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Understanding the Role of Hydrogen in Power Generation

Hydrogen is making headlines these days, becoming the world’s favorite candidate to enable the transition to a sustainable, low-carbon economy. So much so that whenever we talk about hydrogen, we only mention it in the future context.

But here’s the thing: we already live in a hydrogen economy. From a chemical feedstock in oil refineries and fertilizer production to a hydrogenating agent in the food production industry, hydrogen has been wearing many hats for decades.

In power generation, hydrogen is used to cool generator windings and enhance the efficiency of electric generators. The first hydrogen-cooled turbo generator was used by Dayton Power and Light in October 1937, and since then, it has become the industry-favorite coolant.

In this article, we will explore how hydrogen is utilized in power generation and the importance of installing reliable sensing equipment in power plants.

What Makes Hydrogen a Powerful Cooling Medium?

In a power plant, a generator converts mechanical energy into electrical energy by rotating wire coils in a magnetic field. This process produces both useful energy in the form of electricity and not-so-useful energy in the form of heat. A coolant or heat transfer medium helps maintain the fuel-to-power efficiency of a generator by dissipating this excess heat. Cooling also reduces the risk of equipment damage from heat.

Hydrogen has the highest thermal conductivity of any gas, making it an industry favorite in cooling large electric generators. With 7 times higher thermal conductivity than air and 14 times lighter, hydrogen-cooled generators are far more efficient at the same capacity than air-cooled ones. These generators are also more compact and, therefore, cost-effective in comparison to air-cooled generators.

The Need for Continuous Hydrogen Sensing and Leakage Monitoring in Power Generation

When H2 is used as a coolant in a gas generator, it is important to maintain its high purity level. If the concentration is altered because of a leak, not only is there a risk of an explosive mixture forming outside but the air that will gush into the generator will bring down the production efficiency exponentially.

It is, therefore, essential to deploy sensors at various vulnerable locations across the power plant. Here’s a round-up of the most susceptible areas in power generation for the deployment of continuous intelligent hydrogen sensing.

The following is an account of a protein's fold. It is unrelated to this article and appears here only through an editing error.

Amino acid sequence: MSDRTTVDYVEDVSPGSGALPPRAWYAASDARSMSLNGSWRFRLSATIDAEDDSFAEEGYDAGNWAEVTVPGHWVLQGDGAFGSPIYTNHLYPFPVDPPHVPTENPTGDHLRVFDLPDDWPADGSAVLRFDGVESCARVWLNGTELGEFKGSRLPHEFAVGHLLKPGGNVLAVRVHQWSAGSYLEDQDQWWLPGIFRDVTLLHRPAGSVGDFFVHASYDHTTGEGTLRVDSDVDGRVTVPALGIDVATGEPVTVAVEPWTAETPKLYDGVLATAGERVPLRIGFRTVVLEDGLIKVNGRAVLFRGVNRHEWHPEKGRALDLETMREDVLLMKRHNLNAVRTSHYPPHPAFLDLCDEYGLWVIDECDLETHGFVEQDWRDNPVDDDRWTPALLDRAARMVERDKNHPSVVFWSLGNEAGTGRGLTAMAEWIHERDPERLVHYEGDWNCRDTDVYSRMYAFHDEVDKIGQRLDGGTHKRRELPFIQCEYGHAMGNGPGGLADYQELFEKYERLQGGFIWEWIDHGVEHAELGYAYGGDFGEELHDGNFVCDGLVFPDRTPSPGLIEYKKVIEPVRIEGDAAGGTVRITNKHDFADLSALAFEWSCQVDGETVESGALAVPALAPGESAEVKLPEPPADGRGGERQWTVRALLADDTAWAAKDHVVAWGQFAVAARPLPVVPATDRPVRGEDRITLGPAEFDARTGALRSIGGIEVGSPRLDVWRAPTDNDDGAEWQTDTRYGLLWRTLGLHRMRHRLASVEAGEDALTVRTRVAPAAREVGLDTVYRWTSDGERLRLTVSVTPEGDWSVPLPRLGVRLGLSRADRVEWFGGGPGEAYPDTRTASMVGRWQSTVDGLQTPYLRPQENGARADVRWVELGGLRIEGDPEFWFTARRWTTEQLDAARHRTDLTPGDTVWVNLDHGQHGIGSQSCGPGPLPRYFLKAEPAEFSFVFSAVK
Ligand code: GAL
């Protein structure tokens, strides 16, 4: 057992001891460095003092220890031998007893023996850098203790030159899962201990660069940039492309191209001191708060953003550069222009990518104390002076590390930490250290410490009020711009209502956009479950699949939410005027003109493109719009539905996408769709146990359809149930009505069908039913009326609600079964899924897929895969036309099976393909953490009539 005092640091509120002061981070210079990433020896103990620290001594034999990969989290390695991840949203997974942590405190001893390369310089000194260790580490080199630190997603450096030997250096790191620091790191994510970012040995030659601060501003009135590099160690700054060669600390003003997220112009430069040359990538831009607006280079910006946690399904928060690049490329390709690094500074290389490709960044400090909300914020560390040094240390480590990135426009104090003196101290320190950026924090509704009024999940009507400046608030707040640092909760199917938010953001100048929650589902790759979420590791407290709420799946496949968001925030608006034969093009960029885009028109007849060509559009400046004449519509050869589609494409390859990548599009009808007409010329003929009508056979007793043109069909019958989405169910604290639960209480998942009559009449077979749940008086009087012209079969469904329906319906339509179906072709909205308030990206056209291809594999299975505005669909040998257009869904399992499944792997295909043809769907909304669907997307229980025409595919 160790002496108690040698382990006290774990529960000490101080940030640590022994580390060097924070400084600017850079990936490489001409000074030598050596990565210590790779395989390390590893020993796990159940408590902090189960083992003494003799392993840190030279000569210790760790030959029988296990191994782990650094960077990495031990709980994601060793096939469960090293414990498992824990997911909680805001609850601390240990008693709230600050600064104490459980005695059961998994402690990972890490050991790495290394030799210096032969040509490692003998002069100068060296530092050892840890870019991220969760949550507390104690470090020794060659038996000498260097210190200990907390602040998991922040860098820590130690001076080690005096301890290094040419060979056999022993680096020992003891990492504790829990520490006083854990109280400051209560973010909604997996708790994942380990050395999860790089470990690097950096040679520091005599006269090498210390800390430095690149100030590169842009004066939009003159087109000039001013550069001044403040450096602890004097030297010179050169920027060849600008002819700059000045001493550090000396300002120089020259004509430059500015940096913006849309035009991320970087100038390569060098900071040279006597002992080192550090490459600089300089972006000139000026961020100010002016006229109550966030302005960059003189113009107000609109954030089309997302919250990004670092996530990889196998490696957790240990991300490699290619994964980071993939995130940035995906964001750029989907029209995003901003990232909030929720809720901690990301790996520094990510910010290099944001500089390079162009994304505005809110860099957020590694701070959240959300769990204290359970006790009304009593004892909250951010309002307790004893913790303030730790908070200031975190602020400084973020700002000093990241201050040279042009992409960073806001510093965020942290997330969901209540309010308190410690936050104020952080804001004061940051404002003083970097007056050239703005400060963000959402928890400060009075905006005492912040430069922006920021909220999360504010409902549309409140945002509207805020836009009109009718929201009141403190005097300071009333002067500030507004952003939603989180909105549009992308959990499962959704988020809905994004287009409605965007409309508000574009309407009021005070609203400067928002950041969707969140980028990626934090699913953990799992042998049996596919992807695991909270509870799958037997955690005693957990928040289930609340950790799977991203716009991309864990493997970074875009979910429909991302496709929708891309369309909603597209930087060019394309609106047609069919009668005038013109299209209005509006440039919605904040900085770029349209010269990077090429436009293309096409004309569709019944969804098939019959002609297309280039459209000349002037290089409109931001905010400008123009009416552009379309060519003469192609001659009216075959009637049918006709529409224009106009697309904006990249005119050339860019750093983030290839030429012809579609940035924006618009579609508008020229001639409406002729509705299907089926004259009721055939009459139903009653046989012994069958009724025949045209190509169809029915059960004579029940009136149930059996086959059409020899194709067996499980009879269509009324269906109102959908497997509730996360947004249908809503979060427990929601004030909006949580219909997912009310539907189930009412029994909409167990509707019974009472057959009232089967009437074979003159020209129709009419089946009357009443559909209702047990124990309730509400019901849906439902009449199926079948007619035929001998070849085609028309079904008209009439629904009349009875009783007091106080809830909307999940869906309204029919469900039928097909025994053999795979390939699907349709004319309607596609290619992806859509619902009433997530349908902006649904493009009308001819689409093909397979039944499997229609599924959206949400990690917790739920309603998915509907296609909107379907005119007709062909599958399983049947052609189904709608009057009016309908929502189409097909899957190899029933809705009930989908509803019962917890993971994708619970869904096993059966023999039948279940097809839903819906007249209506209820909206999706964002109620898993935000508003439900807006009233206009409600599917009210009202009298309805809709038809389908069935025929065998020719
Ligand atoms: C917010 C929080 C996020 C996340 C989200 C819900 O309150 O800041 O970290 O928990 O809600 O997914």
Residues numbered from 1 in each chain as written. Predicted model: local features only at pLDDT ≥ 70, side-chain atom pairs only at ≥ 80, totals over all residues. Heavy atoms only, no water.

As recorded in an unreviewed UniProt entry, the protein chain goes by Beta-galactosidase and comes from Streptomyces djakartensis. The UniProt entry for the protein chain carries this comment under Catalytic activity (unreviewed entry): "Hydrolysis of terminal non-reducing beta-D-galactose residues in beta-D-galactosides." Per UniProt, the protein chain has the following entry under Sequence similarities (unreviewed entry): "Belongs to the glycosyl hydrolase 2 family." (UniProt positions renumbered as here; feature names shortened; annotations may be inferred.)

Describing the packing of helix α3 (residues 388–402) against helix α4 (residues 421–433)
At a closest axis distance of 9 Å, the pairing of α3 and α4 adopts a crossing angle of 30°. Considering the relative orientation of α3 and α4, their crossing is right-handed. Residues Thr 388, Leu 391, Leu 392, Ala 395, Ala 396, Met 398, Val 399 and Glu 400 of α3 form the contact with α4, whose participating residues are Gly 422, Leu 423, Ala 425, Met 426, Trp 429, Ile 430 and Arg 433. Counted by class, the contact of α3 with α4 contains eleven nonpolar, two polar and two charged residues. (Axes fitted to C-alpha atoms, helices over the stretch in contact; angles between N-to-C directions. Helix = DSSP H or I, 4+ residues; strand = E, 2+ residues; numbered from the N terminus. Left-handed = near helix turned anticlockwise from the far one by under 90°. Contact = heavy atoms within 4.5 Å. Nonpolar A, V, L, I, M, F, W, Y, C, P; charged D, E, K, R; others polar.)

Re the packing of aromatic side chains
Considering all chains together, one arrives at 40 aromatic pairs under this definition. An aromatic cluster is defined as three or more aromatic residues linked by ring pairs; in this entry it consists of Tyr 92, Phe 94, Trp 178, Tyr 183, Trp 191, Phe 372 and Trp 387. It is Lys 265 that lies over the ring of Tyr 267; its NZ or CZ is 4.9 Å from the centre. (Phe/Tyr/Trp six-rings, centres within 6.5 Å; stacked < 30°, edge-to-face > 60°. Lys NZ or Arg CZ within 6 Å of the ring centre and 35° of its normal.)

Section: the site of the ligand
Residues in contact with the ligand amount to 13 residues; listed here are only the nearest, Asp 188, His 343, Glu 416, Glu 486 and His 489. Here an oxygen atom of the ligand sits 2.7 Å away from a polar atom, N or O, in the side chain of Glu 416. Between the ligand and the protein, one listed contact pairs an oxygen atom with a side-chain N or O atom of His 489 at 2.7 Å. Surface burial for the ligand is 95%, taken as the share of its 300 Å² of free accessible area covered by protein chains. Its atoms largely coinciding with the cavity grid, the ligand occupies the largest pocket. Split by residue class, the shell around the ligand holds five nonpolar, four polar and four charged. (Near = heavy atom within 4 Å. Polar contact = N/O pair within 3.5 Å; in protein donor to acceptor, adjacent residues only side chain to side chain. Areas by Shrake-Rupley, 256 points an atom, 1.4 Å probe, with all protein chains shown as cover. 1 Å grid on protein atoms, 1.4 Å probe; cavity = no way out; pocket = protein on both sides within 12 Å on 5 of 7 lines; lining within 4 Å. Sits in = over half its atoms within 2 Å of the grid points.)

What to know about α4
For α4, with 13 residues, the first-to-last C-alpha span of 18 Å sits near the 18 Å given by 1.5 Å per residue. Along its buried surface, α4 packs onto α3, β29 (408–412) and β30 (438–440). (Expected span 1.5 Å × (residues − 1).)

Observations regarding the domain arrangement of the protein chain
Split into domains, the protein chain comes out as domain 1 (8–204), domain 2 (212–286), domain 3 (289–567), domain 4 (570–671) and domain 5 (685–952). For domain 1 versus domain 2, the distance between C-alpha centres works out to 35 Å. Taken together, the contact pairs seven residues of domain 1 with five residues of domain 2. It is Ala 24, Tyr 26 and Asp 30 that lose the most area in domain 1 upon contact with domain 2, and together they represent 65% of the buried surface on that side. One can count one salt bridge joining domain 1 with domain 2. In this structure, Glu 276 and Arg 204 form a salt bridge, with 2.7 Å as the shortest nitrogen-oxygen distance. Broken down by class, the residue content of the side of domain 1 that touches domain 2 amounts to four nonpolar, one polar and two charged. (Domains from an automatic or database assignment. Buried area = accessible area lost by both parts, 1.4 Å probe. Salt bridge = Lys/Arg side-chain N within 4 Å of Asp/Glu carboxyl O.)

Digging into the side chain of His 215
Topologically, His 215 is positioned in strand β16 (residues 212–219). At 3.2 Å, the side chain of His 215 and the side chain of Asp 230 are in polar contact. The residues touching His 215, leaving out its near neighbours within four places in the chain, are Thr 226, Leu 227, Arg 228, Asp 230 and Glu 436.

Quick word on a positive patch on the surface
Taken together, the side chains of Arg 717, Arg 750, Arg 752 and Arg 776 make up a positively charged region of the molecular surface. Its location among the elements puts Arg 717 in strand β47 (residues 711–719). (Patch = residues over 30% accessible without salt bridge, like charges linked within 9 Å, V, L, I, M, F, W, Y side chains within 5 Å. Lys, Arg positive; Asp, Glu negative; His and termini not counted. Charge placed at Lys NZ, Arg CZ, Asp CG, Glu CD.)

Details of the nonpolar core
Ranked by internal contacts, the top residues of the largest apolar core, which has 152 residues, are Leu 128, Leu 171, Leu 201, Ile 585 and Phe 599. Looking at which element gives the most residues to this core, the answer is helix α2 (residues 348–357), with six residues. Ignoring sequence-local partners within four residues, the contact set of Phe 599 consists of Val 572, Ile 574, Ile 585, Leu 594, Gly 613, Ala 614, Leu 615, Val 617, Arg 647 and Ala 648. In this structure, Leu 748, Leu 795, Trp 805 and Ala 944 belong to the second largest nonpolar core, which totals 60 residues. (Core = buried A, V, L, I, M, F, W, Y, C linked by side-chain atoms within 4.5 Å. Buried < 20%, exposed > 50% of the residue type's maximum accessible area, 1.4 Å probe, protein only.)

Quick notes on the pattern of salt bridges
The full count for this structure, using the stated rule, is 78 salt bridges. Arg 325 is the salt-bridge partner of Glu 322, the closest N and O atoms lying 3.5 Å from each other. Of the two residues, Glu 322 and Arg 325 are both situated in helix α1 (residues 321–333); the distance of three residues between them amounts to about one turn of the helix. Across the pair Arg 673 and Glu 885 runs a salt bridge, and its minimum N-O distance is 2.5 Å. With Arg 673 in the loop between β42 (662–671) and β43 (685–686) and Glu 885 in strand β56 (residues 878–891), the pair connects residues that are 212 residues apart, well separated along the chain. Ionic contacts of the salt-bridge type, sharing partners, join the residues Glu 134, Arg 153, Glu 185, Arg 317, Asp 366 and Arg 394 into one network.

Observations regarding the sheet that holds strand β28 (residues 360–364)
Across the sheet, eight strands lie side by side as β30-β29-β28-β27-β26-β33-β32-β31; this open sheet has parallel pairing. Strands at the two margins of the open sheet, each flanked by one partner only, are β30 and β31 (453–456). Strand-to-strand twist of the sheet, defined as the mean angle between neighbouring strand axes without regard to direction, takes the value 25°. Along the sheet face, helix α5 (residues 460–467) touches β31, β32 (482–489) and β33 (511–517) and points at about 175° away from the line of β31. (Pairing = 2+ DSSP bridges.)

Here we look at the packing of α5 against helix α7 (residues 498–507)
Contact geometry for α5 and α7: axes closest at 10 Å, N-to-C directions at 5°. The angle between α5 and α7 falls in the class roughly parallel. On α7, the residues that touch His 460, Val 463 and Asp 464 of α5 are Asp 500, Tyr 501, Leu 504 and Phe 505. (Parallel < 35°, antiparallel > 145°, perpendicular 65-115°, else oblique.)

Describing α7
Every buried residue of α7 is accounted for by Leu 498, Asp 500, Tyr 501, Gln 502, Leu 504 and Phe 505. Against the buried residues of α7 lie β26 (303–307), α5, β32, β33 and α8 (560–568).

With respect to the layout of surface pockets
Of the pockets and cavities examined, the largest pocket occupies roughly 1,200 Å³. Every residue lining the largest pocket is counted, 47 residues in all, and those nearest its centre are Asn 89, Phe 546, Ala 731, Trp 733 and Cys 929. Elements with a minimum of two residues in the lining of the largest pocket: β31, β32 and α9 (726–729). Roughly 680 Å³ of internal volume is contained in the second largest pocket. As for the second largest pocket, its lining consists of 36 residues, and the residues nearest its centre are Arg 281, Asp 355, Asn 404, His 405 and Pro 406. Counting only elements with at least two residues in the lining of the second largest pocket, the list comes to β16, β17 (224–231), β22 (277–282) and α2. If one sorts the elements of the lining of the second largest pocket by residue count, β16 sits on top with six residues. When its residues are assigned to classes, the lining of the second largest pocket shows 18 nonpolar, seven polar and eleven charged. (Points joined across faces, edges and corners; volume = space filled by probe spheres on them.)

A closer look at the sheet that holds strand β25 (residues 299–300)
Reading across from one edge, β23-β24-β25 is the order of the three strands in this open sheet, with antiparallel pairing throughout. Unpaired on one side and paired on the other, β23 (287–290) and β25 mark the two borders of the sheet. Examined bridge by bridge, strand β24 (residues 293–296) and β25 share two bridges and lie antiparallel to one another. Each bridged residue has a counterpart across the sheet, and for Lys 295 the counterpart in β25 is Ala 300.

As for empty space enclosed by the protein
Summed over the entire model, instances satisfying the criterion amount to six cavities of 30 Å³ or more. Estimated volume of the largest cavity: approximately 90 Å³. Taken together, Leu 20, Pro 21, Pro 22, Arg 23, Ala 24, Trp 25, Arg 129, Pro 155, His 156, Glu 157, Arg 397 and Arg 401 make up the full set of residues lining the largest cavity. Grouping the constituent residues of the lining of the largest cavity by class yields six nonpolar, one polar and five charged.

1.Generator Floor:

Sensors should be deployed above the flanges on the hydrogen inlet side and the outlet and seal bearing for the rotor of a hydrogen-cooled generator. It’s also a good idea to place sensors at the generator outlet at susceptible leak points.

2.Hydrogen Filling Stations:

In a filling station, sensors should be placed near the ceiling to catch leaks from joints where hydrogen cylinders are connected to the pipes. Sensors should also be installed above the cylinders supplying hydrogen to the generator.

3.Hydrogen Storage Rooms:

As hydrogen tends to travel rapidly upwards and create potentially flammable clouds at the ceiling, an ideal place for sensors would be on each of the beams that support the roof.

4.Dryer Unit and Gas Exchange Skid:

Other potential leak points that require monitoring are connecting joints in the dryer unit as well as joints in the gas exchange skid.

5.Vacuum Seal Oil Tank:

Sensors can help detect internal leaks, such as hydrogen escaping into the oil tier. The sensor will then measure and catch hydrogen leaking from the oil tank and trigger an alert immediately.

6.Stator Water Dome:

In high-power generators, hydrogen is used to cool rotors, while stator windings (stationary part of the system) are cooled by circulating water. Sensors in stator water dome stator help alert users of any hydrogen leaks in the water cooling tier.


Sensors placement is crucial in an electrolysis facility to monitor leaks as well as measure the level of purity of the hydrogen produced. It is important to note that these sensors should be able to withstand the high moisture condition of an electrolyzer.

Final Thoughts

As we leapfrog into the future of power generation with hydrogen, we must not forget the safety aspect. Being the smallest, lightest, colorless, odorless, and tasteless, hydrogen is a challenging element to handle. Fortunately, there are expert solutions today that are more than prepared to take on this challenge.

At 21 Senses, we offer intelligent, reliable, and scalable sensing solutions to enhance the safety and performance of your power plant. Our sensors detect hydrogen with the highest sensitivity, selectivity, and accuracy, even in moisture-laden environments. Click here to reach out to us today.

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